COOPER: And you see that as an anomaly.
GLADWELL: But a small price to pay for being trusting.
COOPER: You actually write that society functions because of the default --
COOPER: -- that society would not -- we won't be able to function if most of us did not --
GLADWELL: It doesn't work.
COOPER: -- believe the best.
GLADWELL: This is Levine's point. It is like we don't -- this extraordinary society that human beings have built over the last thousands -- several thousand years is built on trust.
COOPER: In the book, you sort of focus on two kind of key ideas that there's the default to truth. There is also transparency.
COOPER: The idea that the way we present ourselves, that you can tell by talking to somebody face-to-face what -- if they're lying, what kind of person they are, what they're actually thinking, where they're coming from.
COOPER: And --
GLADWELL: When I was --
COOPER: We can't do that.
GLADWELL: We can't. So when I was talking about that example of "Friends," so the actors on "Friends" are perfectly transparent. They are trained to be that way. Joey looks mad when Joey is mad. In the real world, that's not the way people behave, but we expect them to.
So, I have a chapter on Amanda Knox. The Amanda Knox case, one way to make sense of it is it's all about transparency. She goes -- she's a teenager from Seattle, does a year abroad in Italy. She's been there a couple weeks. Her roommate is murdered. She gets falls under suspicion immediately. Why?
There's no evidence linking her to the crime. There is no plausible scenario in which an 18-year-old girl from Seattle engages in a murder sex game that results in a death. I mean, the whole thing is totally farfetched. It's all based on the fact that she does not behave in the aftermath of her roommate's death the way the Italian police expect someone who just been through that kind of experience to behave.
COOPER: And the Italian police -- I mean, they say this. I mean, I think one of them, you know, was talking about -- the lead investigator was talking about kind of looking at her and her -- she just didn't seem like somebody who was innocent.
GLADWELL: Yeah, which is such nonsense.
COOPER: It's interesting that when you point to an interview that Diane Sawyer did with Amanda Knox, in it, she asked Amanda about -- about the way Amanda acted in the wake of --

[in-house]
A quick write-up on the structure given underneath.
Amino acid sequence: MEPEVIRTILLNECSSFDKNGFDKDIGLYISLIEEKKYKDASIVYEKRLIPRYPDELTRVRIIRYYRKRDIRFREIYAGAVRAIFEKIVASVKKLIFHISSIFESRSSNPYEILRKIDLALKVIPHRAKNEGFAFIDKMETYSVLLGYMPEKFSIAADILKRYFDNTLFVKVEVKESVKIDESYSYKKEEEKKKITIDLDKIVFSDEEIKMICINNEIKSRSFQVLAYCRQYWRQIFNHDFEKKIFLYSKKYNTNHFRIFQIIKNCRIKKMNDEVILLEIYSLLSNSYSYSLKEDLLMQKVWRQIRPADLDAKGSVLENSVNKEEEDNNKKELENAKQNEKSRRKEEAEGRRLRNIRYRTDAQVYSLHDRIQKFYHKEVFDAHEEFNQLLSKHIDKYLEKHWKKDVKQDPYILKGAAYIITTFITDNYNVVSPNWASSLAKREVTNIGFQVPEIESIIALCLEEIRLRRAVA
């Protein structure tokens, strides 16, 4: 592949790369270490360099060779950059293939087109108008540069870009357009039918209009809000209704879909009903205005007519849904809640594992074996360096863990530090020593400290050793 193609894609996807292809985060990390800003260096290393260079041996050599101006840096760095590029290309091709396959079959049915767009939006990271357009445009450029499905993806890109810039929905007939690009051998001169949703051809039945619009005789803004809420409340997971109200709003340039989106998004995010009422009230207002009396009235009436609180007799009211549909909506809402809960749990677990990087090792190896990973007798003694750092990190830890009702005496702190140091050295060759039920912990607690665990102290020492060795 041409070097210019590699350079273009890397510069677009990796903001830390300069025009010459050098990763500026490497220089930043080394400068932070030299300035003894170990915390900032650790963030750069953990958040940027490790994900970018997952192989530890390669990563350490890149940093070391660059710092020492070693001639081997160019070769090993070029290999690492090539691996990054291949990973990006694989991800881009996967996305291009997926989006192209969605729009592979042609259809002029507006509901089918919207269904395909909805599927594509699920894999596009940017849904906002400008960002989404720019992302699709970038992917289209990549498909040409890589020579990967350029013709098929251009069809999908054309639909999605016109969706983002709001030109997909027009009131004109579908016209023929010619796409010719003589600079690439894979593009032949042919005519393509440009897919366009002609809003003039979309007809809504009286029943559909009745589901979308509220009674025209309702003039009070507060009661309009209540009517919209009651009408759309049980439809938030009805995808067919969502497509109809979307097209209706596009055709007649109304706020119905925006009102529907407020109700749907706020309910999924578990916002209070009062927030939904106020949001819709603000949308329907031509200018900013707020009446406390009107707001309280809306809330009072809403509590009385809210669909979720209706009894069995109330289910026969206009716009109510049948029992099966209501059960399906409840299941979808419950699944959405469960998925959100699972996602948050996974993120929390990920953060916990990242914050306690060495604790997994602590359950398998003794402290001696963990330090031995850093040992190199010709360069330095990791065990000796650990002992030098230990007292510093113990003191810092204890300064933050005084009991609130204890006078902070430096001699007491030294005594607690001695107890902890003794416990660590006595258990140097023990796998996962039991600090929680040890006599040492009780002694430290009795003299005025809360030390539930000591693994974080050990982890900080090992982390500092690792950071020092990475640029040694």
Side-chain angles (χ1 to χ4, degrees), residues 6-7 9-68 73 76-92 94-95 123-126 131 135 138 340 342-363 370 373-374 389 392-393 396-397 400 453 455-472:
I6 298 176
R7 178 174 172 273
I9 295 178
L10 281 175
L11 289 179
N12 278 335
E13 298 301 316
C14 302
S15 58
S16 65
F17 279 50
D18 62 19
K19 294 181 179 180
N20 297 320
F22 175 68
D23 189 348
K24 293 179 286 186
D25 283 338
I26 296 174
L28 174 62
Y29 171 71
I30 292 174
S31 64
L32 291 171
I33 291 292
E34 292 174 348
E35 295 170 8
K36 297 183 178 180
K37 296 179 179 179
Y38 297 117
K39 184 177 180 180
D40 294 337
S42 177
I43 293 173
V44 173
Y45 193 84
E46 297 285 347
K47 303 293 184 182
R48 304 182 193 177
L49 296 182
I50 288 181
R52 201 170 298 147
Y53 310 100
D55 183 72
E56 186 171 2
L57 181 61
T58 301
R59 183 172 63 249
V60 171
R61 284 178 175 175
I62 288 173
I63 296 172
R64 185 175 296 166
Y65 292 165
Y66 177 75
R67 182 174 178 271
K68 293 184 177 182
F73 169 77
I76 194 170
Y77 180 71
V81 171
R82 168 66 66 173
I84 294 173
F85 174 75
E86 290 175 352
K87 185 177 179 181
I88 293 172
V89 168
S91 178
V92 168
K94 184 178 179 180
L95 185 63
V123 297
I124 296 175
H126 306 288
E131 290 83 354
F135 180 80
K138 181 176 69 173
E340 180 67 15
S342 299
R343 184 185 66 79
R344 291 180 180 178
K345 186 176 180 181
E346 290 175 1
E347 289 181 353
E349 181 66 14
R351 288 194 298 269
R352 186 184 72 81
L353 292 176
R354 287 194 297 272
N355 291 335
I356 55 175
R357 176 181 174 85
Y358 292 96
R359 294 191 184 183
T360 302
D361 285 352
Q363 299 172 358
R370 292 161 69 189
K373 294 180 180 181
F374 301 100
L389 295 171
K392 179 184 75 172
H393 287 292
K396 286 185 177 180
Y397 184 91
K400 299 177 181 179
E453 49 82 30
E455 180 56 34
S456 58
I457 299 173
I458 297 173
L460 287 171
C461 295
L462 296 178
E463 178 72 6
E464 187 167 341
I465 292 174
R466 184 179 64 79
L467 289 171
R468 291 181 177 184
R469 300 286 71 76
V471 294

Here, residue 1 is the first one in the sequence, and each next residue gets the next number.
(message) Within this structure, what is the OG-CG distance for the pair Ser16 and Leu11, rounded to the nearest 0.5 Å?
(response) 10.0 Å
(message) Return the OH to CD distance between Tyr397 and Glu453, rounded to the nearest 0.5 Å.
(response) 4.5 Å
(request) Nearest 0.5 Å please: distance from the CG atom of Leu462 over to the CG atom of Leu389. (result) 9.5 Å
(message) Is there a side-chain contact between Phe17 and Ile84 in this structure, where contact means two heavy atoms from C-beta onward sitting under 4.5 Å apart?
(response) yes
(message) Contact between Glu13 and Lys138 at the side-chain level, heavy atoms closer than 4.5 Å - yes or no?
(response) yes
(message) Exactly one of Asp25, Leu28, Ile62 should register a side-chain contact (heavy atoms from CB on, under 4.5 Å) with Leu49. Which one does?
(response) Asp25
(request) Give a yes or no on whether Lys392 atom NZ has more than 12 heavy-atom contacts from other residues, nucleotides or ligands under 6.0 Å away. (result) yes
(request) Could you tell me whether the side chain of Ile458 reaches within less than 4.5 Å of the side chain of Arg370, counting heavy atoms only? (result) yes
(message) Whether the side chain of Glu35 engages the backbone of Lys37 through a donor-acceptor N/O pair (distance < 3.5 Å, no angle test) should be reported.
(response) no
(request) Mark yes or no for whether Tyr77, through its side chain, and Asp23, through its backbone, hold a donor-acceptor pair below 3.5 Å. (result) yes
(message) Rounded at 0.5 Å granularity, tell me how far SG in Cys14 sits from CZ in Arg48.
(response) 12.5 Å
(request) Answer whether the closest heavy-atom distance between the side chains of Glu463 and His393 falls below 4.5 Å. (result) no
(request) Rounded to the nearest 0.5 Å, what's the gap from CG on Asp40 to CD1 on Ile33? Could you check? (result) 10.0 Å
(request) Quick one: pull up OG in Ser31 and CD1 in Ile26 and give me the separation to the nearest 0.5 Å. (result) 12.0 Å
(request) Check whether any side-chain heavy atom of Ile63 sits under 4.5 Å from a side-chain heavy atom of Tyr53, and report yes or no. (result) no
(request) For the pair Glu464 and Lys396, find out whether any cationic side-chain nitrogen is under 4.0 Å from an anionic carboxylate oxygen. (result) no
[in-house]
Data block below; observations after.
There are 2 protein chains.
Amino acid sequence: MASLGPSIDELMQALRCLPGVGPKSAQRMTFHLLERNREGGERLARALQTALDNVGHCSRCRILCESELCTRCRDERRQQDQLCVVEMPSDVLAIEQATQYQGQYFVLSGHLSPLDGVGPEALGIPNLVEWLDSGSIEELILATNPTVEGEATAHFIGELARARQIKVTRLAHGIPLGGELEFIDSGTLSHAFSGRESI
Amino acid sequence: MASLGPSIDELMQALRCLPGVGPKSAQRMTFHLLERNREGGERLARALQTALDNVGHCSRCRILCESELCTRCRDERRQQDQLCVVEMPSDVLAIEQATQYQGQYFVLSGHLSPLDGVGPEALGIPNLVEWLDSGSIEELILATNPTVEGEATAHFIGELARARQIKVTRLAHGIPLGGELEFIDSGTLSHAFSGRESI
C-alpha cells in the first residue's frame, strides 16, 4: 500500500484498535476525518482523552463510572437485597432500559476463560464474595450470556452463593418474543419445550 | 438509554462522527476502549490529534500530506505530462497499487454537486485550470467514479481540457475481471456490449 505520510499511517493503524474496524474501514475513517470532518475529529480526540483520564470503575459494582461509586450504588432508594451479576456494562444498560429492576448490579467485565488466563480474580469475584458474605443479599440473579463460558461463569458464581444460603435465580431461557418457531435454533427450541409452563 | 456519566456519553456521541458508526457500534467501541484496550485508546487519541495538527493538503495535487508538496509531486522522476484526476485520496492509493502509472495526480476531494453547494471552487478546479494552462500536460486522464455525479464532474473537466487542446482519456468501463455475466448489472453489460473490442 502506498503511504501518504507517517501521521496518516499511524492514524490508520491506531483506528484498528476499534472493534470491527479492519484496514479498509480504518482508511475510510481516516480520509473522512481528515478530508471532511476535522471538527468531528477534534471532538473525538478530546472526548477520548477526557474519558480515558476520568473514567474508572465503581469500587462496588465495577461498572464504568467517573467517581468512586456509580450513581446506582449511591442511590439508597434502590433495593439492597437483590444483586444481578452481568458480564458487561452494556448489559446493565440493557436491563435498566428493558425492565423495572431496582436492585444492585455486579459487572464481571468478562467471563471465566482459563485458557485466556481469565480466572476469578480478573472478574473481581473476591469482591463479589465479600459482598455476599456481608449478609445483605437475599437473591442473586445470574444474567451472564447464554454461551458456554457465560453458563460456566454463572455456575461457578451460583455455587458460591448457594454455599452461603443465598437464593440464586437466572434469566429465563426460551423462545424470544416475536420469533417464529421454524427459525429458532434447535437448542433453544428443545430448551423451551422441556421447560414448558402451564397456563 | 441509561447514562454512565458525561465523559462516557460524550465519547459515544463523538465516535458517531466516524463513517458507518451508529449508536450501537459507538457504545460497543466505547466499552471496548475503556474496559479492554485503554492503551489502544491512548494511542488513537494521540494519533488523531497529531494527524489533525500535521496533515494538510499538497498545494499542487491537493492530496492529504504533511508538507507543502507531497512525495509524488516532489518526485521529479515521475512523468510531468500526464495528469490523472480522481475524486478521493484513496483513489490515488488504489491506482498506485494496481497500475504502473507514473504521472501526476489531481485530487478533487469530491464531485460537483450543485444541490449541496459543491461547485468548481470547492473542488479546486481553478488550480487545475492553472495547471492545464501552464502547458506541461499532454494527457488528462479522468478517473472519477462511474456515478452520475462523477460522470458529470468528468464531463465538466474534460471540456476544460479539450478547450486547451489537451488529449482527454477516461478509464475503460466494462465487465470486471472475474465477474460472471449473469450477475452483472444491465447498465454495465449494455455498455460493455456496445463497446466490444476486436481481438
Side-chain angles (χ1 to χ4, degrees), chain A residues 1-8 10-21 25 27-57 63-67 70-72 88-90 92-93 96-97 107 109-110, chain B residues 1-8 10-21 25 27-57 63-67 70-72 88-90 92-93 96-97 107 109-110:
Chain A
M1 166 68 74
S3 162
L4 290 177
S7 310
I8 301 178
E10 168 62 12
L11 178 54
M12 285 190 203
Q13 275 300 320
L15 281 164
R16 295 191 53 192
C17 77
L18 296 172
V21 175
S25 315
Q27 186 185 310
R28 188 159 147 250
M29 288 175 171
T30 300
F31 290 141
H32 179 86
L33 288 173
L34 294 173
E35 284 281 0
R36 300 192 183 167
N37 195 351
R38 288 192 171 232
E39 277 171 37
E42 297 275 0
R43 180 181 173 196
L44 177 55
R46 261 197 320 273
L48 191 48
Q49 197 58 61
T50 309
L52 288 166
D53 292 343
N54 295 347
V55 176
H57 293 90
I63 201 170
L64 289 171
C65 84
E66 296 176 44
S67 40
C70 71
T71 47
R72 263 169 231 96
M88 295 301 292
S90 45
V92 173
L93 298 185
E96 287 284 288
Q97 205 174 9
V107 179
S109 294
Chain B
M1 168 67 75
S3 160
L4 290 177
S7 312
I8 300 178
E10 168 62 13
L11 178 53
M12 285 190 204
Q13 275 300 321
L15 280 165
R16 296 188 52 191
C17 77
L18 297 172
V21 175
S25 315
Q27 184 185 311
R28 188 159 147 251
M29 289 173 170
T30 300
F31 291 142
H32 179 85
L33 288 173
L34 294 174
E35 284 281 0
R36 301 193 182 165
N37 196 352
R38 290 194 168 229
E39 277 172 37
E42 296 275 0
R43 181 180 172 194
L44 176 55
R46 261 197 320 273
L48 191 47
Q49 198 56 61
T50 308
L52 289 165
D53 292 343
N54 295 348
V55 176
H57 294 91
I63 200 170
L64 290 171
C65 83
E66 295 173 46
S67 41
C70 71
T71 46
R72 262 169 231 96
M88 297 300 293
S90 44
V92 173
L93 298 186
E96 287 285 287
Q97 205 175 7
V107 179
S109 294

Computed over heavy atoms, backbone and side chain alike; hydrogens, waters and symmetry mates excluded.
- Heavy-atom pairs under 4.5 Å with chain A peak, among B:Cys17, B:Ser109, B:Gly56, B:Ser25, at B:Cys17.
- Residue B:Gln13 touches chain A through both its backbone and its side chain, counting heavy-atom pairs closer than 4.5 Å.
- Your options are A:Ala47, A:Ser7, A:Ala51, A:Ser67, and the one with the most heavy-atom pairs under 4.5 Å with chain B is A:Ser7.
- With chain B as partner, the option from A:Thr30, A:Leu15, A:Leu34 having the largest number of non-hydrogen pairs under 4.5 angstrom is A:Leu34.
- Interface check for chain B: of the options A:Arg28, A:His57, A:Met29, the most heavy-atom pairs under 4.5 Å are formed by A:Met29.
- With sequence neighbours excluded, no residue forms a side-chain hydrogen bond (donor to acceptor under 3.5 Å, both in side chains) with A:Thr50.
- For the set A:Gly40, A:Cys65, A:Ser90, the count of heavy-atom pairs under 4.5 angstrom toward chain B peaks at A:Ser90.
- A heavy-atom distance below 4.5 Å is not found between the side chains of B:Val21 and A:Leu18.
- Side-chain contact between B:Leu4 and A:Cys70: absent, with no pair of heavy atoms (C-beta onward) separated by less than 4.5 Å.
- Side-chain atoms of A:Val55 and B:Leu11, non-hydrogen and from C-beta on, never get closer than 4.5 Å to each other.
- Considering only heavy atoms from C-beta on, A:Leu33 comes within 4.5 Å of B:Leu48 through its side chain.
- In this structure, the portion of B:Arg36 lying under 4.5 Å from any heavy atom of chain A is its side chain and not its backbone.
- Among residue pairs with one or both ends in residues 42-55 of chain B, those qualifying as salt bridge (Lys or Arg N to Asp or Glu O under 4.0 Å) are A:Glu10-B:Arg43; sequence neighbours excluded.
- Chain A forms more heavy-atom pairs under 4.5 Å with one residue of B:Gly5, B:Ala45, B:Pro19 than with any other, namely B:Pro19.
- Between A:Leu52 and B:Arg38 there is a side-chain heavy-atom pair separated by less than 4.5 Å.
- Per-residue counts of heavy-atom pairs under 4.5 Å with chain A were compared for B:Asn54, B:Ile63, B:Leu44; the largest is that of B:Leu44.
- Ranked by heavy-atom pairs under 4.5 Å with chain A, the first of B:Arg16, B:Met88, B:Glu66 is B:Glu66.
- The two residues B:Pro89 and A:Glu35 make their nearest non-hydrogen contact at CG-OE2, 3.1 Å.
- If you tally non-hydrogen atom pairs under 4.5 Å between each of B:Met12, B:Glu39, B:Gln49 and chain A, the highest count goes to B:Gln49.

COOPER: -- being accused.
GLADWELL: Diane Sawyer -- by the way, can I say how much -- we are not --
GLADWELL: She's doing something we all do.
GLADWELL: But she couldn't -- none of us even after Amanda Knox is cleared, and it's 100 percent clear, she had nothing to do with that murder, when she was interviewed, she was still forced to account for her behavior as if it was relevant.
(BEGIN VIDEO CLIP)
AMANDA KNOX, CONVICTED FOR MURDER: For all intents and purposes, I was a murderer.
(END VIDEO CLIP)
GLADWELL: Why did you kiss your boyfriend in the waiting room of the police station when you were -- why did you buy underwear, as if like none of that is -- the idea that people should have to defend their own idiosyncrasies is crazy. Why can't we simply accept the fact that people are different?
COOPER: The case of Sandra Bland is one that you focus on both in the beginning and at the end of serving forms the whole book. And what you're looking into is the use of -- sort of how the default -- the default to truth and transparency played into what happened --
COOPER: -- in this interaction between police officer in Texas and Sandra Bland.
COOPER: Just explain -- Sandra Bland -- this happened in 2015.
COOPER: She was in Texas for a job interview which she got and was pulled over by a police officer. Sandra Bland was African American. The police officer was white.
GLADWELL: Yeah. So, he's -- this is in the -- in the wave of cases of African American police encounter cases that start with Ferguson and go through Eric Garner, hers is in the middle of that.